The leasehold arrangements reflect the fact that the property was acquired by Ogilvy on a purely commercial basis, having acquired the sublease of the property for market value on the open market. The commercial nature of the leasehold is shown by the very considerable premium of £670,000 paid on the 1994 extension of the lease, with all maintenance at the expense of the leaseholder, and no charges resulting to the Crown Estate. Independent advice from a leading firm of chartered surveyors taken by the Crown Estate on the 1994 lease extension used the valuation methods applicable to a leaseholder's statutory rights on renewal of a lease. As the property was acquired in an open market transaction, the leasehold of the property may be sold except in the last five years of the lease. Therefore, although Thatched House Lodge is a royal residence by virtue of being inhabited by Princess Alexandra, it is in fact private property, the sub-lease of which was acquired on the open market, and the leasehold having been bought by Ogilvy. As a result, the property may be sold by the princess or her heirs, subject to the underlying Crown Estate long lease. The property is in an "exempted" area (Richmond Park) where freehold sales are not available.[8]

The leasehold arrangements concerning Thatched House Lodge differ from the arrangements relating to other royal residences leased from the Crown Estate, Royal Lodge and Bagshot Park, leased by the Duke of York and Duke of Edinburgh respectively. In particular the Crown Estate never made a contribution towards restructuring Thatched House Lodge, as it did in the case of Royal Lodge and Bagshot Park, showing the non-commercial considerations which influenced those leases as opposed to Thatched House Lodge.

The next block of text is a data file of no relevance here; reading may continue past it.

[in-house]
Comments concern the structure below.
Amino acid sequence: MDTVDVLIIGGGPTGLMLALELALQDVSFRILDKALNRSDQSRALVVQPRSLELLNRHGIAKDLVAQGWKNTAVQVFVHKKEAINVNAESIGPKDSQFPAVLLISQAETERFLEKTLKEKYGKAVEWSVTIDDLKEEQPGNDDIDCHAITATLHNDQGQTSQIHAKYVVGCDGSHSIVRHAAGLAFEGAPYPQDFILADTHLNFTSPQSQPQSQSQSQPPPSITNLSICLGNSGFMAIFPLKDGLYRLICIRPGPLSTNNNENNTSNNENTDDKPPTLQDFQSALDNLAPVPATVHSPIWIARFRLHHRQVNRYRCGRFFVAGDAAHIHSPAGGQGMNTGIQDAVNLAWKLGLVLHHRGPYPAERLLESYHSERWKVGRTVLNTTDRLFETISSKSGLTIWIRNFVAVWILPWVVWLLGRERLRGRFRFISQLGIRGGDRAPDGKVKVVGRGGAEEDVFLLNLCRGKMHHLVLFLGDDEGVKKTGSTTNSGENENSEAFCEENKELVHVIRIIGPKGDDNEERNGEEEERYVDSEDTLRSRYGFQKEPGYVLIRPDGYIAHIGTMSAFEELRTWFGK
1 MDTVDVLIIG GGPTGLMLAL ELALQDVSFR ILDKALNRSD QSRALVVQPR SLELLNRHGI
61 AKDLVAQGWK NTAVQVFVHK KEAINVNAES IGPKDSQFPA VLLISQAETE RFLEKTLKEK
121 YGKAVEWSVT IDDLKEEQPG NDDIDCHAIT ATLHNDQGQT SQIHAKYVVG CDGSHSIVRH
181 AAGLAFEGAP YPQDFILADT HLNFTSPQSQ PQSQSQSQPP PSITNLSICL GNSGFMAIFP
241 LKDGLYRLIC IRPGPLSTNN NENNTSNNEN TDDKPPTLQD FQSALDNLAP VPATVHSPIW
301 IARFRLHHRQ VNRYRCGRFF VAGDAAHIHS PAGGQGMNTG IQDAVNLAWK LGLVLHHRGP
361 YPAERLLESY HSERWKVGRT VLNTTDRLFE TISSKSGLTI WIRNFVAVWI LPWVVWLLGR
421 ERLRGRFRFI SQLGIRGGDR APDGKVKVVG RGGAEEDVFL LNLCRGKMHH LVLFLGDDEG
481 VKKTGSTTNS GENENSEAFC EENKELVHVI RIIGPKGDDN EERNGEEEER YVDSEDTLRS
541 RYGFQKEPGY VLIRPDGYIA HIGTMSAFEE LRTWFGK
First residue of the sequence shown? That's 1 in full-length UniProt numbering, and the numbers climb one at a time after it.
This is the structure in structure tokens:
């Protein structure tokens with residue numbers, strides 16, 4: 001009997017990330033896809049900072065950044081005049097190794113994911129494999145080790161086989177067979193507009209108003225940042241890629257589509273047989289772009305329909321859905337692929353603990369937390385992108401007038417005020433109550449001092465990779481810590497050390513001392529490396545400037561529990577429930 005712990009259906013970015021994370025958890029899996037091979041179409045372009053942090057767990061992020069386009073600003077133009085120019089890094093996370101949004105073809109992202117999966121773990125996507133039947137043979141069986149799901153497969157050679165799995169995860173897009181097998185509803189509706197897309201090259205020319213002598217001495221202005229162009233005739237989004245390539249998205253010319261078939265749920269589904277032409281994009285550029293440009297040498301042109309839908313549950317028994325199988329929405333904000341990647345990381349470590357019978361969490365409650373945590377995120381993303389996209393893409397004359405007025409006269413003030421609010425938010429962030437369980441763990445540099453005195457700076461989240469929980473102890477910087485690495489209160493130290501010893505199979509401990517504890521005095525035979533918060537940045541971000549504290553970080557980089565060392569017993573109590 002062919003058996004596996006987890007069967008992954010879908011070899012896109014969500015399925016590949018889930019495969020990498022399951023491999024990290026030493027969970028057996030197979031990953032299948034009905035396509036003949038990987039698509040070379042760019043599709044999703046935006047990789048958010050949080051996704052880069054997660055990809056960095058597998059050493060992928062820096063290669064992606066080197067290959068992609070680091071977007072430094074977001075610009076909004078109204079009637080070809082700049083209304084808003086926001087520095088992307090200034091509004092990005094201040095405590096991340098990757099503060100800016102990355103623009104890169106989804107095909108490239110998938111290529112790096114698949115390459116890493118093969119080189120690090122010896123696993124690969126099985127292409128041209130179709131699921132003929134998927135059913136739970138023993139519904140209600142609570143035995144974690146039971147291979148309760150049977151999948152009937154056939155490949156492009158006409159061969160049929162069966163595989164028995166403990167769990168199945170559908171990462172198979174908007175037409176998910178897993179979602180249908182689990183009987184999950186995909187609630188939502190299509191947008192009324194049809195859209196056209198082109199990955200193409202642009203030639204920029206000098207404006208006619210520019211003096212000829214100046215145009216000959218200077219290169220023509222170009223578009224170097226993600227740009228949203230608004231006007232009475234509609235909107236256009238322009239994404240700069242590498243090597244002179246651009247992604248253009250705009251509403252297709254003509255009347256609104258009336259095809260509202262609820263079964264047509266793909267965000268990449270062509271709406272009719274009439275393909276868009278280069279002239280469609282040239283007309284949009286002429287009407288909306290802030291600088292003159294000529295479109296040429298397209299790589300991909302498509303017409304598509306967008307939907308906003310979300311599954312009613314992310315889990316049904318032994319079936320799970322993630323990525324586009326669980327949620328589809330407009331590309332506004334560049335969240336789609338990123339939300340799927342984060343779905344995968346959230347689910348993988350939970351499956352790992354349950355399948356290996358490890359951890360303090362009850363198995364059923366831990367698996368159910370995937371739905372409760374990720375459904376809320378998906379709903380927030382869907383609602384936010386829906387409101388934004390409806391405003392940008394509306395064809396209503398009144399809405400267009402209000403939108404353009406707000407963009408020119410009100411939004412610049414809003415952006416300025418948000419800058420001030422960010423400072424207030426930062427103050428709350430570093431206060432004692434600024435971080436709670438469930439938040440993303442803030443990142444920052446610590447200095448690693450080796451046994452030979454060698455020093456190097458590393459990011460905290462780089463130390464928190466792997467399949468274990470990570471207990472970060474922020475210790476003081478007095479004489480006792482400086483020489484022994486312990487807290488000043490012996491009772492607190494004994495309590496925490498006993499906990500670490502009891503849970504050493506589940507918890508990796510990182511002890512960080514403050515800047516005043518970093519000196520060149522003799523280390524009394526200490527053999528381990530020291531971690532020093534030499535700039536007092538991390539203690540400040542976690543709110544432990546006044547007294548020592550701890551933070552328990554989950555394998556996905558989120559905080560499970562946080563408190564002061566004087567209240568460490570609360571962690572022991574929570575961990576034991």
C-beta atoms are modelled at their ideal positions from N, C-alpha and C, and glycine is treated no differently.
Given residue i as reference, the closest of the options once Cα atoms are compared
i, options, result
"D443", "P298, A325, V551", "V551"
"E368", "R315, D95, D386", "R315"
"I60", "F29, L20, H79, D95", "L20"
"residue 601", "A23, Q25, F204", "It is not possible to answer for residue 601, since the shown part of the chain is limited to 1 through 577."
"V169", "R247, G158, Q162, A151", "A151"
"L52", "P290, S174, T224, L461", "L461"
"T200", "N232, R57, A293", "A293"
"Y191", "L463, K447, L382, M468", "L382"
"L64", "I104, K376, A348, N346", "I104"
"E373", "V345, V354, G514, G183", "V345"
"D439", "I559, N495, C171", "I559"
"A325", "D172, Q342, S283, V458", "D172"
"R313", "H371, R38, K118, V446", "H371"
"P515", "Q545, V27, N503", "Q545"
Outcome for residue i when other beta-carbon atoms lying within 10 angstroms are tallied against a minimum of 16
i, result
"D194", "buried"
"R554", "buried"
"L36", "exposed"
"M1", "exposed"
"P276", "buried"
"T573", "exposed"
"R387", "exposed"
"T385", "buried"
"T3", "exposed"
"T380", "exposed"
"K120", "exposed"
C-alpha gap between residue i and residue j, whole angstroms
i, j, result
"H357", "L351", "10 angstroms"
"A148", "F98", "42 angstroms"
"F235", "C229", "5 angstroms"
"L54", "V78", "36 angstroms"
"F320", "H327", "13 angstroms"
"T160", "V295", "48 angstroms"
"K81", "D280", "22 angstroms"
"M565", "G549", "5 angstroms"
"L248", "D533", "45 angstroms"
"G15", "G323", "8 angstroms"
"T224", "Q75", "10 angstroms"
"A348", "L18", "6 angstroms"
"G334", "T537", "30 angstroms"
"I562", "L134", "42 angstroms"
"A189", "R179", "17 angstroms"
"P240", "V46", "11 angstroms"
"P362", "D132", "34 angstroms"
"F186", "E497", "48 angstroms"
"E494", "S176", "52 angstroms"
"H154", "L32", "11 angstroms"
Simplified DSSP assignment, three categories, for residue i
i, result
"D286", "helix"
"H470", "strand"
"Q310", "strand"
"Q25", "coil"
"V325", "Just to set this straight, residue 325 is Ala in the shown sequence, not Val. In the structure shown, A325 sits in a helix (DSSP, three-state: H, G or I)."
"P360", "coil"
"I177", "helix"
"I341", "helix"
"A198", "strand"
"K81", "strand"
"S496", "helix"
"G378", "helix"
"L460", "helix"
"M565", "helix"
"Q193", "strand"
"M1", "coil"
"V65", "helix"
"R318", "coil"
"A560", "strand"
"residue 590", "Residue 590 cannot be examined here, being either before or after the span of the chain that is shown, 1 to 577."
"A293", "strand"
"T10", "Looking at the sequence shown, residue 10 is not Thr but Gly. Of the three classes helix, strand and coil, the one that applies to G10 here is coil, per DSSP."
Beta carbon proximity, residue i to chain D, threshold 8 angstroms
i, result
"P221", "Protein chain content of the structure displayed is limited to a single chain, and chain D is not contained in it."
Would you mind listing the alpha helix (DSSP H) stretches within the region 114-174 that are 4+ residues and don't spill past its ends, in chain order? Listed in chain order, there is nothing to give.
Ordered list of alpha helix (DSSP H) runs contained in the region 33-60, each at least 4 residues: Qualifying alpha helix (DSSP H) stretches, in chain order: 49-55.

See also


  1. ^ a b c Historic England (6 October 1983). "Thatched House Lodge (1242619)". National Heritage List for England. Retrieved 16 September 2016.
  2. ^ "Thatched House Lodge". Wikimapia. Retrieved 4 January 2012.
  3. ^ "1964: Royal baby for leap year day". BBC News. 29 February 1964. Retrieved 4 January 2012.
  4. ^ "Royal love nests". The Daily Telegraph. London. Retrieved 17 July 2013.
  5. ^ a b Cherry, Bridget and Pevsner, Nikolaus (1983). The Buildings of England – London 2: South. London: Penguin Books. p. 534. ISBN 0-14-0710-47-7.((cite book)): CS1 maint: multiple names: authors list (link)
  6. ^ Fletcher, Anthony (2008). Experience of Childhood 1600–1914. Yale University Press. ISBN 978-0300118506.
  7. ^ "Sir Edmund Monson's Retrospect. The announcement that King Edward has placed Thatched House Lodge..." The Spectator. 7 January 1905. pp. 15–16. Retrieved 16 August 2016.
  8. ^ a b c "The Crown Estate – Property Leases with the Royal Family". Report. National Audit Office (United Kingdom). 2005. Retrieved 18 April 2015.
  9. ^ Weinreb, Ben; et al. (1983). "Thatched House Lodge". The London Encyclopaedia. London: Macmillan. p. 914. ISBN 978-1-4050-4924-5.
  10. ^ "Obituary: Sir Angus Ogilvy". The Daily Telegraph. London. 27 December 2004. Retrieved 18 April 2015.
  11. ^ Corby, Tom (27 December 2004). "Sir Angus Ogilvy". The Guardian. Retrieved 18 April 2015.

Further reading

51°25′39″N 0°17′7″W / 51.42750°N 0.28528°W / 51.42750; -0.28528